Once, he became convinced I found a co-worker of mine attractive, and when I told him I didn't, he accused me of being dishonest. I was telling him the truth, but he wouldn't believe me. Convinced I was lying to him, he took a stack of my old journals -- nearly ten years' worth of writing -- tossed them in the fireplace, and burned them while I watched, all because I wouldn't confess to something I'd never even done in the first place.

Then he started telling me other things. I was mentally ill, delusional. I belonged in a psychiatric hospital because I couldn't even see how fucked up I was. I was cruel and manipulative. I was selfish and immature and I couldn't do anything right. I couldn't take accountability for my own flaws, which was why I was always blaming him of abusing me, when actually it was the other way around. My own thoughts and feelings were an inaccurate representation of what was actually happening, so therefore I shouldn't trust them.

So insistent was he that eventually, I had to wonder -- could he be right? Maybe all those times he claimed I'd been dishonest, I really was lying, and I was just so mentally ill that I'd lost the ability to separate truth from fiction. Maybe I really was a shitty, abusive person at my core. Maybe I couldn't take care of myself.

It got so bad that I stopped trusting any of my thoughts, feelings or emotions in just about every situation. If someone almost swerved into me in traffic and I felt that little blaze of anger, for example, I'd go into a mental tailspin, analyzing the situation, wondering if I had a right to be angry or if I'd perhaps just imagined the whole thing. Am I crazy? I would ask myself constantly. Does a crazy person know she's crazy?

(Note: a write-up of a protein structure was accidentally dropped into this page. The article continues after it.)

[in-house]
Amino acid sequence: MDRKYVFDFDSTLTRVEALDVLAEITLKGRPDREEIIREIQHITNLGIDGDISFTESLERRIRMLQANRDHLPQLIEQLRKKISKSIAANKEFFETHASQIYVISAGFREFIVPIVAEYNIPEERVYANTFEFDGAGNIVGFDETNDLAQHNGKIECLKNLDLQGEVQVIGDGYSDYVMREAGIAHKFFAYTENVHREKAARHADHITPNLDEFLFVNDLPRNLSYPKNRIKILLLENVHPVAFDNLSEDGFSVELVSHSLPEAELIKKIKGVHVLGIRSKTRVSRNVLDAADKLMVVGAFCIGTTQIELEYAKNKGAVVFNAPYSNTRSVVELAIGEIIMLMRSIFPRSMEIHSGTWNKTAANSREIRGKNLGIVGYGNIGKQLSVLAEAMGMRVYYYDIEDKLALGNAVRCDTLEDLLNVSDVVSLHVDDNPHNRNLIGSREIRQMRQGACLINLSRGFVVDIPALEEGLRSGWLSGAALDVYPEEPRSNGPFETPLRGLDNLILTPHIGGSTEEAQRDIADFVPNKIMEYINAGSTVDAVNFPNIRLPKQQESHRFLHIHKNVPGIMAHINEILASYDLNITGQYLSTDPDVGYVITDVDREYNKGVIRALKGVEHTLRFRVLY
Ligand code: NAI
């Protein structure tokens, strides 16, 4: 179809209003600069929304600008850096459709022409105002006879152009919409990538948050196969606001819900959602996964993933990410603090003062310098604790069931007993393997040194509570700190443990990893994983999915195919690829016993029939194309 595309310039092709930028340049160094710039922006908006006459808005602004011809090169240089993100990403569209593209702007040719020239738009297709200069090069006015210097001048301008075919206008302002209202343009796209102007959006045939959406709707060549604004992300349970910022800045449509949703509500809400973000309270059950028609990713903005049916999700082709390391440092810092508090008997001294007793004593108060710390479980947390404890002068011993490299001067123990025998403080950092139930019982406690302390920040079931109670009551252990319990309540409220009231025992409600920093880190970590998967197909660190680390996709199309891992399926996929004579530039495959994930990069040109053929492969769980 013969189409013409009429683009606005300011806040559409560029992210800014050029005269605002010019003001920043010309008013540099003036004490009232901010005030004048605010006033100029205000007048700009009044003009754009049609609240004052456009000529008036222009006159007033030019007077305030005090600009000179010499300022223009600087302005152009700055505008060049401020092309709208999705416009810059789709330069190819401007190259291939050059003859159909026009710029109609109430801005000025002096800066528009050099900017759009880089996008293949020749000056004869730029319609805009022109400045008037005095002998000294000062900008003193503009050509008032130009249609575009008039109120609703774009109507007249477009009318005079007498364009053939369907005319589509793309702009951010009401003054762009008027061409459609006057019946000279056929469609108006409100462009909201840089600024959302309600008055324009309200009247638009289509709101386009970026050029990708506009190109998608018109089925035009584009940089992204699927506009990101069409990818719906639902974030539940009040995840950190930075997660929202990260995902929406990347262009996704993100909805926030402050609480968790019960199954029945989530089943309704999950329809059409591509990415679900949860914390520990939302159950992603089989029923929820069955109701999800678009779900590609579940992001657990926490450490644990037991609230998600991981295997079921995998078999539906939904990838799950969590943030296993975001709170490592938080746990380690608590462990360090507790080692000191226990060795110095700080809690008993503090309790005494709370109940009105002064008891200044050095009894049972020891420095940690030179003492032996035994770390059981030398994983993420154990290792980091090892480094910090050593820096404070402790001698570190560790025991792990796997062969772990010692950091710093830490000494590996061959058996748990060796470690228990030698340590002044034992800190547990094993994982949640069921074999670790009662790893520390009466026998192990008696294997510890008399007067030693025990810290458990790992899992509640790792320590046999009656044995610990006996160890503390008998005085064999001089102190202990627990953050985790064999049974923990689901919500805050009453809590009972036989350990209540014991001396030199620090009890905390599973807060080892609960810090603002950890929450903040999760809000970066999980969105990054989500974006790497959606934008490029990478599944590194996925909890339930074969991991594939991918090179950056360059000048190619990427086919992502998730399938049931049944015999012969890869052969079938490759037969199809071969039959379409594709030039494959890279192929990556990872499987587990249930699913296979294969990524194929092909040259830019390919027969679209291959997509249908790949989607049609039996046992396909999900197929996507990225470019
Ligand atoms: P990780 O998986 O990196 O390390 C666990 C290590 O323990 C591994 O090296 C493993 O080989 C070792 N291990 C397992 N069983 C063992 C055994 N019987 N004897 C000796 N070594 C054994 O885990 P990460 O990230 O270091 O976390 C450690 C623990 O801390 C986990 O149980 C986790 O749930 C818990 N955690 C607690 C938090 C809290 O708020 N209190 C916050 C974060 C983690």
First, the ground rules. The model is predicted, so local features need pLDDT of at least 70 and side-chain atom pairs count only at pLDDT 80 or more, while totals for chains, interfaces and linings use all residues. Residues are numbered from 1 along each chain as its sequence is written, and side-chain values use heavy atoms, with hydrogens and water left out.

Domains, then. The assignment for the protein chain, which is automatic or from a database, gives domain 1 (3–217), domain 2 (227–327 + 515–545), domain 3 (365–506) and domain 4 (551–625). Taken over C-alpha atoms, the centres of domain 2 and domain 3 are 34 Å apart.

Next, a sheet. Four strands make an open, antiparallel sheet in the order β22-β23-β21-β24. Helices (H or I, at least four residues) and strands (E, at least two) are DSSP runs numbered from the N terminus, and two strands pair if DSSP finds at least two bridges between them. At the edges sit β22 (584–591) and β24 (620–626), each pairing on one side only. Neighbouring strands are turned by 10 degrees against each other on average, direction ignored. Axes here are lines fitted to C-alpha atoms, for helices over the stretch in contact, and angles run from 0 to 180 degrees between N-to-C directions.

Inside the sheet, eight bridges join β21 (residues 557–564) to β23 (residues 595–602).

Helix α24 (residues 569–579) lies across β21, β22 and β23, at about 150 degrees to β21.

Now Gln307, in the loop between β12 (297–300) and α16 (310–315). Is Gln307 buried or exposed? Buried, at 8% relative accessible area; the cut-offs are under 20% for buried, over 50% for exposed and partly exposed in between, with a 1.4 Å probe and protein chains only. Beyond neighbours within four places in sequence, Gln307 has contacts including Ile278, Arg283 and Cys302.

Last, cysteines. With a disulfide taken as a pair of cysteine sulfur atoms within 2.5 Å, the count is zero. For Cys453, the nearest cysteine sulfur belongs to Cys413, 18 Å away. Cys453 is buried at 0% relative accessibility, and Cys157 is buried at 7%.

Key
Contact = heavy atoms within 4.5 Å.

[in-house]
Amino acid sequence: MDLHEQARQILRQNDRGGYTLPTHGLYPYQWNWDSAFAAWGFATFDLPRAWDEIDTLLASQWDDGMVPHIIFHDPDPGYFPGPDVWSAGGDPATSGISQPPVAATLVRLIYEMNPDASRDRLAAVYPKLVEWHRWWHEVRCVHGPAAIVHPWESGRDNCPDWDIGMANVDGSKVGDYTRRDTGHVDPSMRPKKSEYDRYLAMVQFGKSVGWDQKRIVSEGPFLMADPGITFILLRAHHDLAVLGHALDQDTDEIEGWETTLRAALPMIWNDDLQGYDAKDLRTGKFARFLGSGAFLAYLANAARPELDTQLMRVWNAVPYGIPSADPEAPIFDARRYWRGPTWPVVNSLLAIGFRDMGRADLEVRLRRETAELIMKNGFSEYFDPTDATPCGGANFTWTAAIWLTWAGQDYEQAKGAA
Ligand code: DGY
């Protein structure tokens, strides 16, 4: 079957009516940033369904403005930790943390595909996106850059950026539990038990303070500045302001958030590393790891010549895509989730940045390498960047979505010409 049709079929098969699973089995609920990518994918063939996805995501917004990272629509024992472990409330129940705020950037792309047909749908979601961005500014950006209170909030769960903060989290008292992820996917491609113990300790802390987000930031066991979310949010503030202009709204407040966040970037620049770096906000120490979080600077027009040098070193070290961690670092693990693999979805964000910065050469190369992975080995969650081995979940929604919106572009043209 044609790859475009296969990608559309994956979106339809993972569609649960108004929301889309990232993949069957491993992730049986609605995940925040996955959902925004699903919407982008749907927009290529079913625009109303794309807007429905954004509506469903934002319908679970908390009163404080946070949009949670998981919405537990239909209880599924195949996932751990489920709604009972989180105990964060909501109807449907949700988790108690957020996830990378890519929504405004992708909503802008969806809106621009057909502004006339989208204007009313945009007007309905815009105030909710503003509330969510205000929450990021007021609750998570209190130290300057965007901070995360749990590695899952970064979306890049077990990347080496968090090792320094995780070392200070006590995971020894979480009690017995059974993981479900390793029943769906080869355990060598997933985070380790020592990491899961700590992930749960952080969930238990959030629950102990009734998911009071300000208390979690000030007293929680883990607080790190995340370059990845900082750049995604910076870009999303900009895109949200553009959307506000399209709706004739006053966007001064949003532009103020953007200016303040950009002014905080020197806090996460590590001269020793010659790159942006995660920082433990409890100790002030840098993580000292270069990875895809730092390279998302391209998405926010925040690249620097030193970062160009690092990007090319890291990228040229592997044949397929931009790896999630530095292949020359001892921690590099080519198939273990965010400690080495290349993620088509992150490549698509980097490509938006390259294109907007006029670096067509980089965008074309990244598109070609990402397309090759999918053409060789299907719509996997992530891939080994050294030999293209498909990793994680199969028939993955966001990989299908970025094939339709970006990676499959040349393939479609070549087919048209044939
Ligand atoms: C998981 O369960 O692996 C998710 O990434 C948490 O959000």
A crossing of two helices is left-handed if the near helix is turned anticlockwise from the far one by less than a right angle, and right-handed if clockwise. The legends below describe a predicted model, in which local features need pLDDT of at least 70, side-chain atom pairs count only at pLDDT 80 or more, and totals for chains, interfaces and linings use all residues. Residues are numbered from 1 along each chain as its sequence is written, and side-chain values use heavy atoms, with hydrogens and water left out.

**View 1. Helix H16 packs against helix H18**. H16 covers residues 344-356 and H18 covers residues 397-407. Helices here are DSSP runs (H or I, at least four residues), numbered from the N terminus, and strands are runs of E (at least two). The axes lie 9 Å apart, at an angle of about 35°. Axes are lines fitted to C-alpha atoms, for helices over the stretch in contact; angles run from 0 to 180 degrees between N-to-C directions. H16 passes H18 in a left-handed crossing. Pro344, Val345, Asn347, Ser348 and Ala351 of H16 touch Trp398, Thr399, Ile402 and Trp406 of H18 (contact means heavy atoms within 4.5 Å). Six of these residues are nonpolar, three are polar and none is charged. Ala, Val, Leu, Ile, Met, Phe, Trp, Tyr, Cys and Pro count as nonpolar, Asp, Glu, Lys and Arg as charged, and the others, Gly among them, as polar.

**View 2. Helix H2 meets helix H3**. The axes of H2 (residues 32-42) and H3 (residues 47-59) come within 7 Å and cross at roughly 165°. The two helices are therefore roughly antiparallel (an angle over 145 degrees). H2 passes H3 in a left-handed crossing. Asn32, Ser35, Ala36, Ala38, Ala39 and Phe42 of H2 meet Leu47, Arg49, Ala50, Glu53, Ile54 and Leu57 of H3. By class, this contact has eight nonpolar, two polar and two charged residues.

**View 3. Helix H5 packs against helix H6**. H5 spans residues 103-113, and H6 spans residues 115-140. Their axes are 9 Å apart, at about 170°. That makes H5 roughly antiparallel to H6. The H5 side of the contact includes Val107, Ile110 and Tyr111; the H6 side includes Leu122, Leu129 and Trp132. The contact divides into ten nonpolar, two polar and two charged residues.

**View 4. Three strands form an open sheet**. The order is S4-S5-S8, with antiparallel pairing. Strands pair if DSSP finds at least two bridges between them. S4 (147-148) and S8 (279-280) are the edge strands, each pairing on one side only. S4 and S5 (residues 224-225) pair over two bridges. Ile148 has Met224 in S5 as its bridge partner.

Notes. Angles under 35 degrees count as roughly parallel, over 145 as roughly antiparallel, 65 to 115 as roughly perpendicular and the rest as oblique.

Doubting the validity of your own thoughts and experiences is exhausting and terrifying, and it leaves you very, very vulnerable. Abusers know this. When you've spent years being told that your thoughts and feelings are inherently incorrect, you don't know what to feel -- and often, you will wind up hating yourself instead of the person who hurts you, because you assume you must have done something to deserve it. When you've been made to believe you can't trust yourself, leaving an abusive situation becomes impossible.

5. We fear retaliation.

Simply running away from an abusive partner does not always mean the abuse will stop. In many cases, abusers will go so far as to stalk, rape, or even kill the women who tried to leave them. Sometimes it is very literally not safe to leave.

Luckily for me, I was able to immediately move to a different city an hour away, which lessened my chances of encountering my ex. I didn't have to constantly keep my guard up for fear I'd run into him at the grocery store -- nor did I believe he would go so far as to be a danger to me. But many women aren't so lucky, and the thought of leaving makes them legitimately fear for their lives.

. . .

The roots of abuse are deep and twisted, and it is impossible to understand the dynamic of a relationship that you yourself are not a part of. Next time you find yourself tempted to say something judgmental about someone who has remained in an abusive situation for a period of time -- please remember these words, from someone who knows, and just don't. Victim blaming is all too common in today's society -- my hope is that if we shed more light on a topic classically shrouded in darkness, we can put an end to the victim blaming and help keep people safer in their relationships.

After all, if there was less of a stigma surrounding the whole thing, and if society as a whole was more willing to hear our stories, rather than judge us and call us liars, perhaps more of us would seek help sooner.